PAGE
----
Longhorns lose three seniors as well as rematch

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KANSAS CITY — With Texas losing its rematch to Penn State as well as seniors Juliann Faucette, Jennifer Doris and Lauren Dickson to graduation, with the former two being the winningest players in program history, Thursday's end to the season may feel unsatisfying to some fans.

Fortunately for the Longhorns, the future is filled with promise and potential.

Texas returns 12 members of this year’s Final Four team and welcomes three of the nation’s top recruits next fall. More importantly, the time off gives the slew of injured Longhorns time to heal and be ready for the 2011 season.

Outside hitter Amber Roberson, middle blocker Rachael Adams and setter Michelle Kocher will return for their senior years, with the trio having been to the Final Four every year in Austin. Freshmen setter Hannah Allison and libero Sarah Palmer both gained valuable experience on the big stage, not to mention sophomore utility player Sha’Dare McNeal, whose athleticism and development in the backcourt were crucial for the Longhorns.

Texas will also welcome back junior libero Sydeny Yogi, sophomore outside hitter Bailey Webster, freshman outside hitter Ashley Bannister and sophomore defensive specialist Cristina Arenas from injuries.

With the addition of incoming freshmen Haley Eckerman, Katherine Bell and Madelyn Hutson, head coach Jerritt Elliott will have plenty of depth — not to mention difficult coaching decisions.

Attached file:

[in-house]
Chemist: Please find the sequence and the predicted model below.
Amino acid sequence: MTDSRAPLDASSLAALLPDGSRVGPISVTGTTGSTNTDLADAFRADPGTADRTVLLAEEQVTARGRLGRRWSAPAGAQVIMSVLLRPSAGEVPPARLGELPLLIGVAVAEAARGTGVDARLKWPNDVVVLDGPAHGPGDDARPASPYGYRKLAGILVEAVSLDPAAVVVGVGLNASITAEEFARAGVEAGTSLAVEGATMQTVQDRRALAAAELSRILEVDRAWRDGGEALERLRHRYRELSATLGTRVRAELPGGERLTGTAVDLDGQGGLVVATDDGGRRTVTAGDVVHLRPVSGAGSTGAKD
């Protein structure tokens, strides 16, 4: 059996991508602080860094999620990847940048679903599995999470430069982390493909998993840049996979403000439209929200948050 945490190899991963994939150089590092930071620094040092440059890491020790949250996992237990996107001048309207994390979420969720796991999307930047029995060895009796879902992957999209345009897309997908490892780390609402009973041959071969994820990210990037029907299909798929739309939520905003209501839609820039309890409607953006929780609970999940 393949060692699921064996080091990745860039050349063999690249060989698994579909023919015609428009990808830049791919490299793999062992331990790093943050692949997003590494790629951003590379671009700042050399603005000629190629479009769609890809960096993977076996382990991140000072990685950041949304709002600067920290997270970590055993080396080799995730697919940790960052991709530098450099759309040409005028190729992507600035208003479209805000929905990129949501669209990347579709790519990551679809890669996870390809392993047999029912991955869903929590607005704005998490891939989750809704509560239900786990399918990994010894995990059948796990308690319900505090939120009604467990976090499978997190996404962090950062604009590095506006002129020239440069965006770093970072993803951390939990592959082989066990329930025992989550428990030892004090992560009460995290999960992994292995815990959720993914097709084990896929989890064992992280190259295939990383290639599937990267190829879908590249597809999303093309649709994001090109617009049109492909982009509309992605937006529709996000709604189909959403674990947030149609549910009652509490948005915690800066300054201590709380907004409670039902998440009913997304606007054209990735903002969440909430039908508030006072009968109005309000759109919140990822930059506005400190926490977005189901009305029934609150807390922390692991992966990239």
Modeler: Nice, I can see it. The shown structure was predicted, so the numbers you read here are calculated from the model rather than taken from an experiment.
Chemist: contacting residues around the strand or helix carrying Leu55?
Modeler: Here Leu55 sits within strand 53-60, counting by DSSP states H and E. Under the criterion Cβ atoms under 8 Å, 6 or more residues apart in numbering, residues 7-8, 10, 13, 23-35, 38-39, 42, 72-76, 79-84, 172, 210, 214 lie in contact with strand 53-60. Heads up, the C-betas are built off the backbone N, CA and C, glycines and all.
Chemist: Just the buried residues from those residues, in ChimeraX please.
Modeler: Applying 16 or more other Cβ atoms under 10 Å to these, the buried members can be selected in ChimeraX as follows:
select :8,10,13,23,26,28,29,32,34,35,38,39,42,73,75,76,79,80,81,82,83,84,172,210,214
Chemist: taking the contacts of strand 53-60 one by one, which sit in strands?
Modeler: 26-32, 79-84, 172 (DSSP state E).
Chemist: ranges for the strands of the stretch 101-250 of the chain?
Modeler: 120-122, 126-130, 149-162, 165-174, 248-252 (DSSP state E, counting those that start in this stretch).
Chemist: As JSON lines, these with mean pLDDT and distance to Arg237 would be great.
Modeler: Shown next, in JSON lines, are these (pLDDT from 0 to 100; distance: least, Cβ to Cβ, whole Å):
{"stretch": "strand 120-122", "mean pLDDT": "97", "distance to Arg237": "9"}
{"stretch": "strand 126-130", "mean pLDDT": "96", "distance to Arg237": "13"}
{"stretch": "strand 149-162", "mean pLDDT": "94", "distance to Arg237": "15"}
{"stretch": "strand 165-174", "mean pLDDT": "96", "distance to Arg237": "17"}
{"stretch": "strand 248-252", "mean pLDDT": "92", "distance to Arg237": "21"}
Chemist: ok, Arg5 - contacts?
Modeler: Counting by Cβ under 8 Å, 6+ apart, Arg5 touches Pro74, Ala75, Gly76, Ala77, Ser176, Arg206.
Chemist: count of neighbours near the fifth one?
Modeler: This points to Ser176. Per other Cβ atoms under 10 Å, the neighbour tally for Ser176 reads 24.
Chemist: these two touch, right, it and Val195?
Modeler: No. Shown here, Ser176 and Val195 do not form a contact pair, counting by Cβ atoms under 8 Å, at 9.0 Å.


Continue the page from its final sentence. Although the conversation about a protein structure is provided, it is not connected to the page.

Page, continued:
Elliott implied Texas might opt for a 6-2 rotation next season, which was what the Longhorns used in their run to the 2009 national championship game. The 6-2 utilizes two setters and six hitters, while typically rotating out the backline with the libero and defensive specialists.

However, Texas will have to replace the leadership of Faucette and Doris. Faucette earned All-American honors in three of her years, including first-team this year, leaves with the fifth-most kills in program history. Doris finished in the top 15 in all-time block assists and total blocks, while garnering Big 12 Academic honors every year.

“Looking at them, you learn how to take control of a team at a certain time,” Roberson said. “There will be young players and they’ll be looking up to you, and you have to be ready to step to that.”

Considering Texas’ 5-4 start to the season, many doubted the ninth-seeded Longhorns could even make it this far.

“I’m proud of our team for getting to this point and they’re going to be very good next year so I’m excited to watch them,” Doris said. “I’ll be one of the Longhorns texting Jerritt 'good luck' as they hopefully get back to the Final Four.”

Despite the returning players, there is a lot of work to do.

“Every year it’s going back and rewriting the book, but every year, my management skills are less and less because of the quality of women they’ve been able to establish over the years,” Elliott said. “We’re going to get back here and we’re getting close to cracking this. We just need to keep getting back and keep getting the opportunities to do that."

"But again, with that being said, we have big players and the culture will change dramatically," he added, "and we have to teach them as a family what it means to be a Texas Longhorn and to represent this University."